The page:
On a lazy Sunday morning, the readers of the Sunday Times were stimulated by the aroma of coffee, delivered at their doorsteps. The innovation for Hindustan Unilever's Bru Gold not only enticed the newsmakers on the bottom half of the newspaper, but also attempted to allure the readers, prospective consumers and coffee lovers.
Bharat Kapadia's email@example.com executed the print innovation, while the creative for the innovation was undertaken by Ogilvy India. Mindshare Fulcrum is the media buying agency for the brand.
The official spokesperson of HUL says, "Bharat Kapadia approached us with his technology and we found it interesting for Bru Gold, in order to bring alive the proposition of aroma. At the end of the day, it was a joint team effort between the brand, the creative agency, the media partners and Bharat Kapadia."
Anup Chitnis, executive creative director, Ogilvy India tells afaqs!, "The product is new to the North market. Bru Gold is 100 per cent coffee and has a strong aroma. We wanted to highlight this aspect of the coffee as it stands for the aroma."
Initially, the print ad was supposed to go in the newspaper without the smell and only the images of the politician, the sports star and the activist, respectively, along with the copy in the news format. "But the smell took the innovation to the next level," says Chitnis.
Speaking about the execution, Bharat Kapadia, founder, firstname.lastname@example.org, says, "I had been working on this idea for a while and I am glad it has been effectively implemented by HUL with TOI, in multiple states. I demonstrated the unique idea with a sample when I learnt that HUL was planning to launch Bru Gold in the premium range. Senior executives at Hindustan Unilever were thrilled that they could drive home the richness of fine coffee by getting consumers to experience the aroma."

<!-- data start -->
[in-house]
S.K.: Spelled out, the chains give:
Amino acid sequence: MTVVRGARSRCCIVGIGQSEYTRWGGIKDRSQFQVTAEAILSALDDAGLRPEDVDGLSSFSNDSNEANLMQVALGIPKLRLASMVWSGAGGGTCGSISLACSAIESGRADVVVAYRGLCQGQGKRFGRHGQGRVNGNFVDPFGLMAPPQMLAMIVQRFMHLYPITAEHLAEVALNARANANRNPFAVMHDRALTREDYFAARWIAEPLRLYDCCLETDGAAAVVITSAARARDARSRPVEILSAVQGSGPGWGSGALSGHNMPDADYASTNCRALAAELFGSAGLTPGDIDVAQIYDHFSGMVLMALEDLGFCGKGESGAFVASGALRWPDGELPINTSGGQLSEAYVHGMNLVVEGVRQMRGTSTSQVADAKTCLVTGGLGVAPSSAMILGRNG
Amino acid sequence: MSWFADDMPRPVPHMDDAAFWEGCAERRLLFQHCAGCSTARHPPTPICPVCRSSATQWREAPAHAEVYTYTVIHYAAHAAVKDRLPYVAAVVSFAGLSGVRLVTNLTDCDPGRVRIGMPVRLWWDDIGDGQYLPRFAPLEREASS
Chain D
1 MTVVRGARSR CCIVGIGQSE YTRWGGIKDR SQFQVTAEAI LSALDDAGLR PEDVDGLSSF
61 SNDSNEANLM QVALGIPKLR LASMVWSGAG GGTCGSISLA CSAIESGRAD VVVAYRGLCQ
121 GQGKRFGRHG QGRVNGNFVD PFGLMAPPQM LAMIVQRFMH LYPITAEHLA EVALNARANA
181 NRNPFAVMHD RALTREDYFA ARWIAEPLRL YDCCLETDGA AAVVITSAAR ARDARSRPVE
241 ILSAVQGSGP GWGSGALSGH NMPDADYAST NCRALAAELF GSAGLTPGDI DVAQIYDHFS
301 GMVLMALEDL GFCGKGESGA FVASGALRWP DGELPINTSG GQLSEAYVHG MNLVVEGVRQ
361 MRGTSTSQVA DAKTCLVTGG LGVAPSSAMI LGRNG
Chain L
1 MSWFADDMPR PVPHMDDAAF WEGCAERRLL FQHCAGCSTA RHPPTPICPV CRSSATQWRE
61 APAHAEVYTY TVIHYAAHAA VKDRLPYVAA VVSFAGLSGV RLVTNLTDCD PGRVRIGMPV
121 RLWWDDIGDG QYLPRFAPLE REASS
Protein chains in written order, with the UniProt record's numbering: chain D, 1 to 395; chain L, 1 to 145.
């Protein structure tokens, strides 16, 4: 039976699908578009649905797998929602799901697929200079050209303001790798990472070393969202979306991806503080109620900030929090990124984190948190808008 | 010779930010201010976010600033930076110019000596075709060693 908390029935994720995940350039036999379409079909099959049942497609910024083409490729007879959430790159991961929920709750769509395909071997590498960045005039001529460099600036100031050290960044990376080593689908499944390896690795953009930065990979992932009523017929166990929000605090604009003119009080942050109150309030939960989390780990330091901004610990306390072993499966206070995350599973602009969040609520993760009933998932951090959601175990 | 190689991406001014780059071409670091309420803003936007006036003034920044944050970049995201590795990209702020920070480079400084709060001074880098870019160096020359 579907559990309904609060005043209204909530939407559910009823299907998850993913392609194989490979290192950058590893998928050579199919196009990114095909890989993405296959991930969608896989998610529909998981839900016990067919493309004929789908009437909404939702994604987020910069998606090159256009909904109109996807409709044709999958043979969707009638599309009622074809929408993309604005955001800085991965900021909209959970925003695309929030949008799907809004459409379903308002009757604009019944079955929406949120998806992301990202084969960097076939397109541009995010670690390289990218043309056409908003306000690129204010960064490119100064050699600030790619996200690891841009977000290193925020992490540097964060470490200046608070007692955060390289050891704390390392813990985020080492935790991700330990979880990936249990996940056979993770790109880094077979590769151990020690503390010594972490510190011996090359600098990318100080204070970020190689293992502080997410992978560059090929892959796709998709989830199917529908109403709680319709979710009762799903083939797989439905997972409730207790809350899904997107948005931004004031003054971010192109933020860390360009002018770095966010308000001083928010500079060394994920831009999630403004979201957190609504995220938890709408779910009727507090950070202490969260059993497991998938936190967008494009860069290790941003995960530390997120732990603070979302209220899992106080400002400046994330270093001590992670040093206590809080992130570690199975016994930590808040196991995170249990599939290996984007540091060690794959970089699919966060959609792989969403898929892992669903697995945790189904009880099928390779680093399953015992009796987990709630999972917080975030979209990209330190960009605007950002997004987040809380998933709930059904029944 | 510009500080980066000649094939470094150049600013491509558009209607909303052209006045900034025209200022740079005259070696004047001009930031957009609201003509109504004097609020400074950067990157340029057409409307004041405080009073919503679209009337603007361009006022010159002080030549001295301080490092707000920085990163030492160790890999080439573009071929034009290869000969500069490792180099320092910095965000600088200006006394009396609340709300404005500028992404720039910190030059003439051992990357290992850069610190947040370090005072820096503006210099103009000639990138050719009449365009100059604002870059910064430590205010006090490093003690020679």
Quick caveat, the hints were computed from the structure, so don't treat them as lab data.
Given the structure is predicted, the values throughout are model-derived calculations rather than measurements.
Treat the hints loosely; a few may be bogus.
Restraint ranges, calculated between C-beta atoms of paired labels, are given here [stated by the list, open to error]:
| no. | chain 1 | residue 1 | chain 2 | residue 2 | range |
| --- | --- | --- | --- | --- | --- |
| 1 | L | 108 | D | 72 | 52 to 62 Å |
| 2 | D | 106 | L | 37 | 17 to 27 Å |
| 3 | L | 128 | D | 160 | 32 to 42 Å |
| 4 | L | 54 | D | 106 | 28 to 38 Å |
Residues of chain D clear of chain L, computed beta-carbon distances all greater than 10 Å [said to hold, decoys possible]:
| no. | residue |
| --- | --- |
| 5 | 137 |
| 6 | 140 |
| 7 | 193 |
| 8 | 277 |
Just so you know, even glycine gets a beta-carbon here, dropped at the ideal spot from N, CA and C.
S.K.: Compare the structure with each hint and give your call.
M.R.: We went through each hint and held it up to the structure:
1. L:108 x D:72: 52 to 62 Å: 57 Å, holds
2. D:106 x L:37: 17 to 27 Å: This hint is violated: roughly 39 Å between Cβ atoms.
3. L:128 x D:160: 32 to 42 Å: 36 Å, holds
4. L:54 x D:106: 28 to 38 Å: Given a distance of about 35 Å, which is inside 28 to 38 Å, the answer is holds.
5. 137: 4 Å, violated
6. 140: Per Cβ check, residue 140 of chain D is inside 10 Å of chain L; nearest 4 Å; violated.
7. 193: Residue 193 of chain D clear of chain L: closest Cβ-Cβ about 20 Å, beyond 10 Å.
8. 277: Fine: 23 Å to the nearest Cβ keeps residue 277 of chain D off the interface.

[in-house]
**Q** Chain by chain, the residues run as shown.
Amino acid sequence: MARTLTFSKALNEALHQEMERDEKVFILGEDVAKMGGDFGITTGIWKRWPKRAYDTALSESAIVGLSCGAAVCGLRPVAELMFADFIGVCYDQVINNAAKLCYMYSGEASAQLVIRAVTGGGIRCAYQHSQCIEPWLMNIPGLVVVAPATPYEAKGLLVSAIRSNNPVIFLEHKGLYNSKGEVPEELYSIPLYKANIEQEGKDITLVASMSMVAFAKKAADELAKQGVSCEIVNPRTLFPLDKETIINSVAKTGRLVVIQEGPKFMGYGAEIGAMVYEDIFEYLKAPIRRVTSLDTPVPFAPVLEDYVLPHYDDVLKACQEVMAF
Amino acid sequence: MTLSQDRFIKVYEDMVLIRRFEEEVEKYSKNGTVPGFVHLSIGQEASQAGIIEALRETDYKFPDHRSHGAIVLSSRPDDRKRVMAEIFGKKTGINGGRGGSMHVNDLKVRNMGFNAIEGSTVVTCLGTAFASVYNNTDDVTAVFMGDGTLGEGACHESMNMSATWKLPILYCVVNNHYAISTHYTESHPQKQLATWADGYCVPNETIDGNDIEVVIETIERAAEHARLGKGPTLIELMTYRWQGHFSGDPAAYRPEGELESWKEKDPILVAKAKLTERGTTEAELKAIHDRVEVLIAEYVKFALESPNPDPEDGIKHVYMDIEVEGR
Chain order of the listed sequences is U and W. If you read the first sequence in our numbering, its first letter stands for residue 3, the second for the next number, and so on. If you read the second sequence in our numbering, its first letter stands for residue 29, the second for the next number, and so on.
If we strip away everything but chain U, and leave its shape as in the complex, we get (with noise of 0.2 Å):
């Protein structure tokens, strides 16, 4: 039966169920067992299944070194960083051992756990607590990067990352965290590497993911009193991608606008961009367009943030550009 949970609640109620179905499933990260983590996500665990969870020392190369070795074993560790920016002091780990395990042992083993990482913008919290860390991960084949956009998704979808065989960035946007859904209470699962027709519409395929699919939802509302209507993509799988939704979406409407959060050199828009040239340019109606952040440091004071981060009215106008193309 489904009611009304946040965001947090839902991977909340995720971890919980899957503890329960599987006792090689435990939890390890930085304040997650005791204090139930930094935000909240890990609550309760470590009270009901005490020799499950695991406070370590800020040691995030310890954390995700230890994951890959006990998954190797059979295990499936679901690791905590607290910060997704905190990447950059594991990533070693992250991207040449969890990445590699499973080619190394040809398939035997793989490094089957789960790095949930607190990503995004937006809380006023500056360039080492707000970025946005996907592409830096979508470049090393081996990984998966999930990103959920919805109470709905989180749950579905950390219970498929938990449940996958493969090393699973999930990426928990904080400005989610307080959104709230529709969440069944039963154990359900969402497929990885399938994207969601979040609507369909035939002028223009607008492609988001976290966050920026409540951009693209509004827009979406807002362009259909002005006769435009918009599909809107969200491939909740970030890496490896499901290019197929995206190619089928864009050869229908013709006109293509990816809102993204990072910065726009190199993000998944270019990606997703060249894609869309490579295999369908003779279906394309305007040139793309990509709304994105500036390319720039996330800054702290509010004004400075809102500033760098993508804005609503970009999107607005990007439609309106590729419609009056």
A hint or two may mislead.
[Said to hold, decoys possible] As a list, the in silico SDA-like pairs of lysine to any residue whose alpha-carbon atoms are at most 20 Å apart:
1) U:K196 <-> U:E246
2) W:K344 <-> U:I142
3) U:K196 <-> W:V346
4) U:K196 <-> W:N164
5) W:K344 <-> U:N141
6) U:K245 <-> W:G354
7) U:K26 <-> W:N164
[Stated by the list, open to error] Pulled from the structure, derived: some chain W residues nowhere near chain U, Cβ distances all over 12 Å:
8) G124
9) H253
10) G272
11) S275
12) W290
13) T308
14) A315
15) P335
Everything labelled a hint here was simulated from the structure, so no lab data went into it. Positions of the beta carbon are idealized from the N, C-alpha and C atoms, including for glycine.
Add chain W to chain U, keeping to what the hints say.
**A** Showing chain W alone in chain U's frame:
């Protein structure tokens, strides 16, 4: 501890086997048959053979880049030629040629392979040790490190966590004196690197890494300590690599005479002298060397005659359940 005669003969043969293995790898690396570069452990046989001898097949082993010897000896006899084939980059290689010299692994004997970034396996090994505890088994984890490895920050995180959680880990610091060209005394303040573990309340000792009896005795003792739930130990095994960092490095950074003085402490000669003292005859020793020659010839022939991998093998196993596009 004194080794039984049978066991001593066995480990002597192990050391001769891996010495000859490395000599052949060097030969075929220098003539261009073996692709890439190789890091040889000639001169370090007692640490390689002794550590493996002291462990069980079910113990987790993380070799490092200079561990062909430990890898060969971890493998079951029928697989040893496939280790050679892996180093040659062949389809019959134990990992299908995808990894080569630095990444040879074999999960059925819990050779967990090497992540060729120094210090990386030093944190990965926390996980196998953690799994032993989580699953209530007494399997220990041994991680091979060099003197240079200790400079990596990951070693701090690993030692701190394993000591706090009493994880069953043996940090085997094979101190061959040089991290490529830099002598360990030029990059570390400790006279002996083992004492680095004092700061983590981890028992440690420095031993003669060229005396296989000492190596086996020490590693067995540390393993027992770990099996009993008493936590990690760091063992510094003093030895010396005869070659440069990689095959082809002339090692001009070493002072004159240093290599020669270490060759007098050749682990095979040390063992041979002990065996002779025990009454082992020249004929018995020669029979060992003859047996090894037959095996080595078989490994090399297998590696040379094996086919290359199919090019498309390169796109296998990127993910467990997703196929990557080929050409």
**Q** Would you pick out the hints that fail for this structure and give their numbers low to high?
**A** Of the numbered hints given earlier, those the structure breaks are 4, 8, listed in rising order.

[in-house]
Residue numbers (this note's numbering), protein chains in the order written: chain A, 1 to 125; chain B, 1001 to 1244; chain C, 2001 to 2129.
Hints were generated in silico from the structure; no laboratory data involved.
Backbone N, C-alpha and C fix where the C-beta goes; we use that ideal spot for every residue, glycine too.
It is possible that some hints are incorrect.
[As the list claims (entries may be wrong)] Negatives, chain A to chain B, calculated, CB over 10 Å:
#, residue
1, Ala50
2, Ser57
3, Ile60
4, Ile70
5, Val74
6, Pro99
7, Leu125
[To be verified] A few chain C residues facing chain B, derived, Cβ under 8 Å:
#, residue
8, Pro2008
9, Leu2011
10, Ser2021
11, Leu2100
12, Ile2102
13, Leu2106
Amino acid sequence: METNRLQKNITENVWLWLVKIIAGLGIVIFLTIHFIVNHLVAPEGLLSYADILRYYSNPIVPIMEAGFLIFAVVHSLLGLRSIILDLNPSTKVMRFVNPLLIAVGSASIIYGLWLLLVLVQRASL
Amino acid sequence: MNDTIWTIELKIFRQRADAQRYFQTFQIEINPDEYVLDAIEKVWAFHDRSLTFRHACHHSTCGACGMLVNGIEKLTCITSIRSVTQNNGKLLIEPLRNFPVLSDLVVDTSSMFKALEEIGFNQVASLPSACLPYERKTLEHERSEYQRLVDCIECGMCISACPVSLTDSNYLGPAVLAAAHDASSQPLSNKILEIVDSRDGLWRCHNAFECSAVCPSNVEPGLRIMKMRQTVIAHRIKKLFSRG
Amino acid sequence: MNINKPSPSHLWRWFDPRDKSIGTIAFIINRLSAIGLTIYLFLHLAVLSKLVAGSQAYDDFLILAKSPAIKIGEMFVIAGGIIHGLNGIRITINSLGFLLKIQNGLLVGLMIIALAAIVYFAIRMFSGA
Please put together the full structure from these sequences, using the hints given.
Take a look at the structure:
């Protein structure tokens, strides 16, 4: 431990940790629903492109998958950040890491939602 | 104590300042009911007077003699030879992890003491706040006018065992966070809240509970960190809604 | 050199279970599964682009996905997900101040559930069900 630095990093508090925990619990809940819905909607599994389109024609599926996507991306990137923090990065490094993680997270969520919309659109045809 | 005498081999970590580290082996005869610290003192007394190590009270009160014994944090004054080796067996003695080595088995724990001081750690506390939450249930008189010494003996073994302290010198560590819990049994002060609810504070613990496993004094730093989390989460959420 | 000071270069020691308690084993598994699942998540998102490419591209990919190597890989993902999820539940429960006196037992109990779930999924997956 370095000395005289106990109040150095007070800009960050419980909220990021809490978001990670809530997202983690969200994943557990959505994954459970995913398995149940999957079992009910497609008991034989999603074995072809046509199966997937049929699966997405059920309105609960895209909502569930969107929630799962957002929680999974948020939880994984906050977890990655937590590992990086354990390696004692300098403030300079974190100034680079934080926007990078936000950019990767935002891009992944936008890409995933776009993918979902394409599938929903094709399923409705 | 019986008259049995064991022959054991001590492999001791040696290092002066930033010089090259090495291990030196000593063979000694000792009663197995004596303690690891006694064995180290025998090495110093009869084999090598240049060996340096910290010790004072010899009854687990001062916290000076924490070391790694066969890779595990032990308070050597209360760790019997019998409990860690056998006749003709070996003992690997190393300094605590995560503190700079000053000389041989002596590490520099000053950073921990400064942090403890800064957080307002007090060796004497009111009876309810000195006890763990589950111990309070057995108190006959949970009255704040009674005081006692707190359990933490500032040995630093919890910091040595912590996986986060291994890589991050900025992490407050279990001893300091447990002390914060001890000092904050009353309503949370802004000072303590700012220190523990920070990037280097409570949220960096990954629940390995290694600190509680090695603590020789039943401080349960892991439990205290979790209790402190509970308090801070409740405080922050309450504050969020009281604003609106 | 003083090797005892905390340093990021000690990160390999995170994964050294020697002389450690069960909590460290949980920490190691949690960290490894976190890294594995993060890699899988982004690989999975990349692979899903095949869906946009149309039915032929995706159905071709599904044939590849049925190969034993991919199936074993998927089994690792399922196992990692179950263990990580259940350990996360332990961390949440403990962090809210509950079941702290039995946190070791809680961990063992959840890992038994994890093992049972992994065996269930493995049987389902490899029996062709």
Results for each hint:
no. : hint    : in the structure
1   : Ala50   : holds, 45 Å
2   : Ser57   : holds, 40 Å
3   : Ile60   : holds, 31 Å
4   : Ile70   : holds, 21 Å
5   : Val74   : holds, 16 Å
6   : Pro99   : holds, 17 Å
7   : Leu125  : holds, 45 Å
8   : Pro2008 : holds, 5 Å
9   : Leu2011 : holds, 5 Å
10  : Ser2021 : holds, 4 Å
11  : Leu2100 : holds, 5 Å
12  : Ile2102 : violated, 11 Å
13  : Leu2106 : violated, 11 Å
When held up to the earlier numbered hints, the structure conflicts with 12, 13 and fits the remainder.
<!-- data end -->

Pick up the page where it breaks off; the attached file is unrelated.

In the past, 'scratch-n-sniff' had been the only way the sense of smell was addressed by the advertisers. A patch containing tiny bubbles encapsulating the aroma chemical was stuck as an additional operation. "This method had certain limitations. The smell would last only for a few seconds after it was scratched," says Kapadia.
For the Bru Gold innovation, email@example.com created a special perfume that was sprayed on the newspaper. It did not contain any alcohol, and hence did not stain the paper. Also, its smell lasts longer.
"I always look for innovations which are relevant to the brand," Kapadia continues, "and what can be a better reminder to readers of a morning newspaper than the aroma of coffee? Aroma of food products can create a sense of craving and can be a very effective way to lead the reader to consume it."
He says that there were three things that needed to be kept in mind for the innovation - the paper could not be stained, the smell would have to last longer and the whole process could not disturb or delay the printing process of the innovation. The smell experienced was the actual smell of Bru Gold.